- Modernist Cuisine – Sous Vide the chicken followed by a fry
- Serious Eats – Confit version of either baking/stovetop cooking at a low temperature followed by a fry
- Alton Brown – Steam the wings followed by baking
The problem I had the the first approach was developing a crunchy exterior. Due to starting sous vide, it become exceptionally important to use batter to get the crisp. Alton’s method (seemingly more healthy) doesn’t get a crisp that I desired. I sided with Serious Eat’s method.
At this stage I know that there are two main components to my dish: the wings and the sauce. My wings would be crispy and have fresher flavors while the sauce will be more savory and spicy.
I adapted my original butter chicken recipe retaining the step of marinating the chicken before cooking. The wings would then follow the Serious method of a low temperature bake followed by frying.
For the dipping sauce, I would start with the original preparation of the gravy. I would then emulsion blend and pass the gravy into sieve to get a finished looking sauce, and optionally thickening with xanthan gum as needed.
- Taste: heat, cream, spices, tomato-y, chicken
- Aroma: the smell of the gravy will be most prominent (tomato, cream, spices)
- Mouthfeel: crunch of the wings, moist and creamy inside and sauce
- X-factor: a new twist on a popular indian dish
There isn’t much you can do with chicken wings. Maybe an option without the sauce and one with the wings tossed/being dipped.
Ingredients (2 servings)
- 2 tomatoes
- 1/2 cup cream
- 2 tablespoons tomato puree
- 1 tsp tumeric (haaldi)
- 2 tablespoons red spice powder (mirch)
- A pinch fenugreek (kasoori methi)
- 2 tablespoon butter
- 1 cup yogurt
- 5 cloves garlic
- 1 tsp ginger
- 1 tsp cumin
- 1 tsp corander
- 1-2 lbs Chicken wings (are you a big eater?)
- 2 tablespoon lemon juice
- Salt & Pepper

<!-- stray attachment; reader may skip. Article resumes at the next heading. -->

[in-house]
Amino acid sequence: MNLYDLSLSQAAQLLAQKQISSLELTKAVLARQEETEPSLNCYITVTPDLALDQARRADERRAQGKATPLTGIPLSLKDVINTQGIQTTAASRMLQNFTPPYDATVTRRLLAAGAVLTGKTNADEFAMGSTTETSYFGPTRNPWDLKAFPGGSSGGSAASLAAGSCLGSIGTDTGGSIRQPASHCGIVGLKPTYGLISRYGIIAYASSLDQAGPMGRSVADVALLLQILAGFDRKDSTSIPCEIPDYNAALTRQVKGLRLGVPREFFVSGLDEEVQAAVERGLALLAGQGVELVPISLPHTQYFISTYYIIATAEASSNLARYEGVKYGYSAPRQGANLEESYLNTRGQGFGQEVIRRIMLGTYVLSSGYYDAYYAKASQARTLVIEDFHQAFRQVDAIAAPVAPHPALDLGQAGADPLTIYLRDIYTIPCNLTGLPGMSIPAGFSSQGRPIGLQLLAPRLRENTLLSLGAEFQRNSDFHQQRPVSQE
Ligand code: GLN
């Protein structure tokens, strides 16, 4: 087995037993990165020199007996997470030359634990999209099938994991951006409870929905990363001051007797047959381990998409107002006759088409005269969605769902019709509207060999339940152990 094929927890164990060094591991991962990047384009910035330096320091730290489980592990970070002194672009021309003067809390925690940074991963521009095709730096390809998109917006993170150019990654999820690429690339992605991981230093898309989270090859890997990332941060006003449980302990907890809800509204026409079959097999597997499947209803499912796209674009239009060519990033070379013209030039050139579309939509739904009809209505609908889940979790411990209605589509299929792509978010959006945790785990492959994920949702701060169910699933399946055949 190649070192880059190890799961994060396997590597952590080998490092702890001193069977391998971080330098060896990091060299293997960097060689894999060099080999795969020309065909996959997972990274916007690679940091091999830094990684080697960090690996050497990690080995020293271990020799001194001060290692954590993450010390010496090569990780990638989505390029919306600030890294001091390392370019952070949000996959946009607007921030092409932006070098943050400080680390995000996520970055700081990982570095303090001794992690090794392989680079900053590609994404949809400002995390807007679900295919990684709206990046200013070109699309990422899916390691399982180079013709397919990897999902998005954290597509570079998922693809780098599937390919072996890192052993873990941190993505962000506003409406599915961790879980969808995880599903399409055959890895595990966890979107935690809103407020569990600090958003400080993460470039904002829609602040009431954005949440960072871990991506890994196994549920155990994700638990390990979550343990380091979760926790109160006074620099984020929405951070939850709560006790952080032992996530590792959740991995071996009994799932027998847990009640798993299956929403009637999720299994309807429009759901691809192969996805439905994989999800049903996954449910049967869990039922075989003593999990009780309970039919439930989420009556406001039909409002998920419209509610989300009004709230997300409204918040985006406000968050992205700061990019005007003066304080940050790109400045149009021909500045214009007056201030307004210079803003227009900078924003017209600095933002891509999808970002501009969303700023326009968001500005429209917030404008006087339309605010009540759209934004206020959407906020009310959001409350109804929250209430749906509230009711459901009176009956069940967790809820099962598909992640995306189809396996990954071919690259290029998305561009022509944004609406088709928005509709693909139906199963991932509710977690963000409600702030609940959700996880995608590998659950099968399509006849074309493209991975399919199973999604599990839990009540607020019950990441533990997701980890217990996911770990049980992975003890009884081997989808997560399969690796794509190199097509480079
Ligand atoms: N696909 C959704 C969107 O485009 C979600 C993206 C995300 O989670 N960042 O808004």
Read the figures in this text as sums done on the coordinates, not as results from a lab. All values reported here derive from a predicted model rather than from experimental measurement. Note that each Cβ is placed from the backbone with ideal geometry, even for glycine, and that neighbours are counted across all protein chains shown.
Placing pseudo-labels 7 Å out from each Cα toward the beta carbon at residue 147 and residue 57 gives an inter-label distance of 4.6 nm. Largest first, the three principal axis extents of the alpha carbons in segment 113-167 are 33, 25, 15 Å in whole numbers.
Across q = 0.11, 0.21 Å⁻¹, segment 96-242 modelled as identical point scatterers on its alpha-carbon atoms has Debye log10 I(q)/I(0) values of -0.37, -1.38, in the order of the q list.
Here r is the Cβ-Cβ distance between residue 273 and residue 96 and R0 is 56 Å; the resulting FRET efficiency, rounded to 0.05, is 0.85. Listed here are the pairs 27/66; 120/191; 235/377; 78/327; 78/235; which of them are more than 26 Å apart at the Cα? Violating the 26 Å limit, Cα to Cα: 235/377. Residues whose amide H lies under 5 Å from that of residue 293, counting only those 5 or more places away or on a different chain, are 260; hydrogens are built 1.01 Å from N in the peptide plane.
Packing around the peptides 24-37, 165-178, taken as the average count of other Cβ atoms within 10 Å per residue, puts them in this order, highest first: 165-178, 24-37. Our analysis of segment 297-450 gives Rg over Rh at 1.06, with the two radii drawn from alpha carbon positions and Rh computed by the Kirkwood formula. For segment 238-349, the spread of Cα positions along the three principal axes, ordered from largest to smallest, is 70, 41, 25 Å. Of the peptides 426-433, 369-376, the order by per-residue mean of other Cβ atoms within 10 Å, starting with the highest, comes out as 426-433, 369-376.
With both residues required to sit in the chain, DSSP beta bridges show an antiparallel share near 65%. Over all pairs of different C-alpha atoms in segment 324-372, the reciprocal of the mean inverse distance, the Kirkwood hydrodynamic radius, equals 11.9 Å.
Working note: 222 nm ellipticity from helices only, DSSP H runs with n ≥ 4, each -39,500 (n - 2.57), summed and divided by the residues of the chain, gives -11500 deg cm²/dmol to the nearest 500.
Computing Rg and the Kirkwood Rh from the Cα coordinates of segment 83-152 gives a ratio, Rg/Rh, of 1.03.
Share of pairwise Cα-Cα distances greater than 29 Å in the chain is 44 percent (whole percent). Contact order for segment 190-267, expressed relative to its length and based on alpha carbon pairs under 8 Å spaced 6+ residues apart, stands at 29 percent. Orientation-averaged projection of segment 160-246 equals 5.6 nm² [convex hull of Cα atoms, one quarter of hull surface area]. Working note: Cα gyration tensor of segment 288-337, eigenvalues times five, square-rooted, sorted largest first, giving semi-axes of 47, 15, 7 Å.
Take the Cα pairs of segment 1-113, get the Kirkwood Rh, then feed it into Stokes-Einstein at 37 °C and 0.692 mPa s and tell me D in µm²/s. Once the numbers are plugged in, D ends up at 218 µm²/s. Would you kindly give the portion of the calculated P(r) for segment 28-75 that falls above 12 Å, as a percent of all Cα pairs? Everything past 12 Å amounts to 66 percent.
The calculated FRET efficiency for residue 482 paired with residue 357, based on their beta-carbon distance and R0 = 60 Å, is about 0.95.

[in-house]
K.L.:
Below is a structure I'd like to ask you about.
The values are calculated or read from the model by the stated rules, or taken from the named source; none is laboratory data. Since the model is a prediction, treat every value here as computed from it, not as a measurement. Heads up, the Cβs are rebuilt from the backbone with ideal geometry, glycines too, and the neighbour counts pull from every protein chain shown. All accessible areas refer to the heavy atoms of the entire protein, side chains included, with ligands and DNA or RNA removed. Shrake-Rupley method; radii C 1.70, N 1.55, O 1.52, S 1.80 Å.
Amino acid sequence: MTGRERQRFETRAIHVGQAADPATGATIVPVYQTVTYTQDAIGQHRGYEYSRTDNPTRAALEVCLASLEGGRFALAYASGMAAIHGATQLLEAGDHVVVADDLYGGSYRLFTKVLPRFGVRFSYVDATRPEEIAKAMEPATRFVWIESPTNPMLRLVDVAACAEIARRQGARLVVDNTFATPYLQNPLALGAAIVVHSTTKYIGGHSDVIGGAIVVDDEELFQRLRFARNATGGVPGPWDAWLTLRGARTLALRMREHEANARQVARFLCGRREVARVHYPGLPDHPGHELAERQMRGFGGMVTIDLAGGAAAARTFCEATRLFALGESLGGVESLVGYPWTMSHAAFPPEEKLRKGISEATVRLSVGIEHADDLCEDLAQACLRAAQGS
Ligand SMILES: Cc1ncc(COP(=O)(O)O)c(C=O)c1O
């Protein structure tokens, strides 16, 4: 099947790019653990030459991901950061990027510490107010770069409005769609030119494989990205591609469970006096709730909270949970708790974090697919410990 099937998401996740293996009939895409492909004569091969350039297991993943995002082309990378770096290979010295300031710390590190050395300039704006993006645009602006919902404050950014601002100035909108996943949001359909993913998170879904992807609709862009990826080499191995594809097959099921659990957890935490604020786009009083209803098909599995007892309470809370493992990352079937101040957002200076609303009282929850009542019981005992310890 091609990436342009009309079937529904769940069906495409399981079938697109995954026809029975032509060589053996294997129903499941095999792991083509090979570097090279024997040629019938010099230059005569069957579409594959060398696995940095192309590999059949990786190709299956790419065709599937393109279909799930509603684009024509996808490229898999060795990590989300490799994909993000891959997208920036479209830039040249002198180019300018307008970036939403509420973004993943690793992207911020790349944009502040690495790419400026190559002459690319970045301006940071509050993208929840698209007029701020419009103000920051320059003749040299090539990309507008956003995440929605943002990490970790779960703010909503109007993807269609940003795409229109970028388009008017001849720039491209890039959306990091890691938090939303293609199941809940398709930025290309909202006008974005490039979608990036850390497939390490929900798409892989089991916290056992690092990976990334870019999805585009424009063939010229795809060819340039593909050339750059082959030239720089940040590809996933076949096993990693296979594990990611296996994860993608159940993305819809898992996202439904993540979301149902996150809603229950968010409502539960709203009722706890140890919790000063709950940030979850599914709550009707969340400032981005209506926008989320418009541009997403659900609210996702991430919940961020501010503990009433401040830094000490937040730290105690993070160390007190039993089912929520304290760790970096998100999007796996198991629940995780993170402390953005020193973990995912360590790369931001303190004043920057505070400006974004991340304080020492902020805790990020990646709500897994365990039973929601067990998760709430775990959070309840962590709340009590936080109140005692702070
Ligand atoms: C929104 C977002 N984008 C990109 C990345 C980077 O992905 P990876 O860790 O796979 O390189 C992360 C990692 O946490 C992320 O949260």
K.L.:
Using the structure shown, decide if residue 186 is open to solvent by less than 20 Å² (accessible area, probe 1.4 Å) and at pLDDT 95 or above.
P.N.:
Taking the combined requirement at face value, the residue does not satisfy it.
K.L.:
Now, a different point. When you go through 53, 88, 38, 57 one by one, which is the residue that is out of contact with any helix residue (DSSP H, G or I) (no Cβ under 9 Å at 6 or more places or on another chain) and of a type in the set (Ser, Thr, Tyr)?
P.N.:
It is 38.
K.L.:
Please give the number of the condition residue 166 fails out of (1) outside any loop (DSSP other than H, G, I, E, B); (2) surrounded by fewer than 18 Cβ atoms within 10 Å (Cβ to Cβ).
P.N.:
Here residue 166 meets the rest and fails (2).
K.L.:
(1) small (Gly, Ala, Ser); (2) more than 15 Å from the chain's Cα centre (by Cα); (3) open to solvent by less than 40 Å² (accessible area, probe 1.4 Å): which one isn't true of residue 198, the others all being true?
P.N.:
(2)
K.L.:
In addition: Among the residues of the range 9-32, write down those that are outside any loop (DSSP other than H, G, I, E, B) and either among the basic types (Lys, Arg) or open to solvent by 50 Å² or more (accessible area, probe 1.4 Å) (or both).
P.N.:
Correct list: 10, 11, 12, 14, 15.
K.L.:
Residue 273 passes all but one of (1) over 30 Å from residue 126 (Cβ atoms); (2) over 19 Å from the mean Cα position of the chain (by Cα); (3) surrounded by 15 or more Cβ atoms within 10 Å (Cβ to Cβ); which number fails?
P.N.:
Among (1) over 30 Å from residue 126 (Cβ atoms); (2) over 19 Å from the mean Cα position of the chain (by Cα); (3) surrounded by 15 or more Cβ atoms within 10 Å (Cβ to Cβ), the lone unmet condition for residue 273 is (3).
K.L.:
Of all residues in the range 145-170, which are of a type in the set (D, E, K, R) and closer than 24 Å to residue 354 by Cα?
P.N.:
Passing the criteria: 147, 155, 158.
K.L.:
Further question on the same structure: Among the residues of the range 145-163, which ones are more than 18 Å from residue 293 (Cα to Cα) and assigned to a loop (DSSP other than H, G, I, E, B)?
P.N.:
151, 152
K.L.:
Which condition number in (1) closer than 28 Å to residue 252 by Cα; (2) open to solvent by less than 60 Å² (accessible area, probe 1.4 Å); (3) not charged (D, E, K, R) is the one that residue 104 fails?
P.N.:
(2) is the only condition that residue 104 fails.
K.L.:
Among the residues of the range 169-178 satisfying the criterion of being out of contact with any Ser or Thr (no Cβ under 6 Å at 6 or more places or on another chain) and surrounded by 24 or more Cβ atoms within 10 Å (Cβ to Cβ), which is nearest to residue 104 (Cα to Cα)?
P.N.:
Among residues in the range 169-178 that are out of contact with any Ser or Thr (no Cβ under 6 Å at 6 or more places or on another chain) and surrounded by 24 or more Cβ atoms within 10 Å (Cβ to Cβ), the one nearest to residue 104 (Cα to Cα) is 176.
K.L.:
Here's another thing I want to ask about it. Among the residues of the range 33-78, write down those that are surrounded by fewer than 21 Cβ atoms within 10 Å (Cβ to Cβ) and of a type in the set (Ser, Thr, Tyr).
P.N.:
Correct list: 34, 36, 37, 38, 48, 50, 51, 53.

- Frying oil
- Microplane Zester
- Kitchen Tongs
- Cast Iron Skillet/Dutch Oven
- Slotted Spoon
- Chef Knive
- Cutting Board
- Sieve/Conical Strainer
- Emulsion Blender
- Measuring Spoon
Start with the marinade. Cut your wings into the three subsections (keeping the tips for a stock):
(Optional): You can actually remove the second bone in the wing pieces to make it easier to eat later. What I will do is at the least make a cut in-between the large and small bone that will make it easier to remove later on:
Combine the marinade items (wings, yogurt, a bit of oil, 1 tablespoon red spice, coriander, cumin, chopped ginger, lemon juice, salt & pepper):
Shake and refrigeration for 30 minutes – overnight.
Start by putting butter, garlic, s&p, red mirch, and the tomato puree into a pan or pot:
Wait for it to cook and then add pureed fresh tomatoes. After cooking for 10-15 minutes, taste and add additional spices as necessary.
Finally, add the tumeric and fenugreek methi when you think that it is almost done. Mix well and then put in the cream. You’ll notice that the brilliant orange color has started to develop. Cook for another 2 minutes, taste, and then remove.
If you find the sauce is too thick add a bit of water, if it is too thin wait until after straining to blend xanthan gum.
Emulsion blend the mixture:
And then pass through a sieve:
And the result is this amazingness:
Taste it. Glorious. (Again, the consistency is up to you.)
Preheat the oven to 225 degrees.
Remove the marinade from the fridge a briefly heat up a dutch oven, oil and wings on the stove. Serious eats says to cook until the internal temperature reaches 200 degrees but I “winged” it:
Place in oven for ~50 minutes covered. And here is the after pic:
Remove and dry over paper towels for a hour:
The final stretch now. Heat up a pot of oil and fry your wings in batches for around 3 minutes (until crispy) and remove onto a bed of tissue to soak extra oil.
Dig in! Eat hot!
Plating of Butter Chicken Wings
Post Game Analysis
- Eat warm and with plenty of gravy (and tissues)
- I used a bit too much coriander and the taste came through a bit too strong
- Something sweet or sour to accompany the wings would be great to cut the richness (like pickles)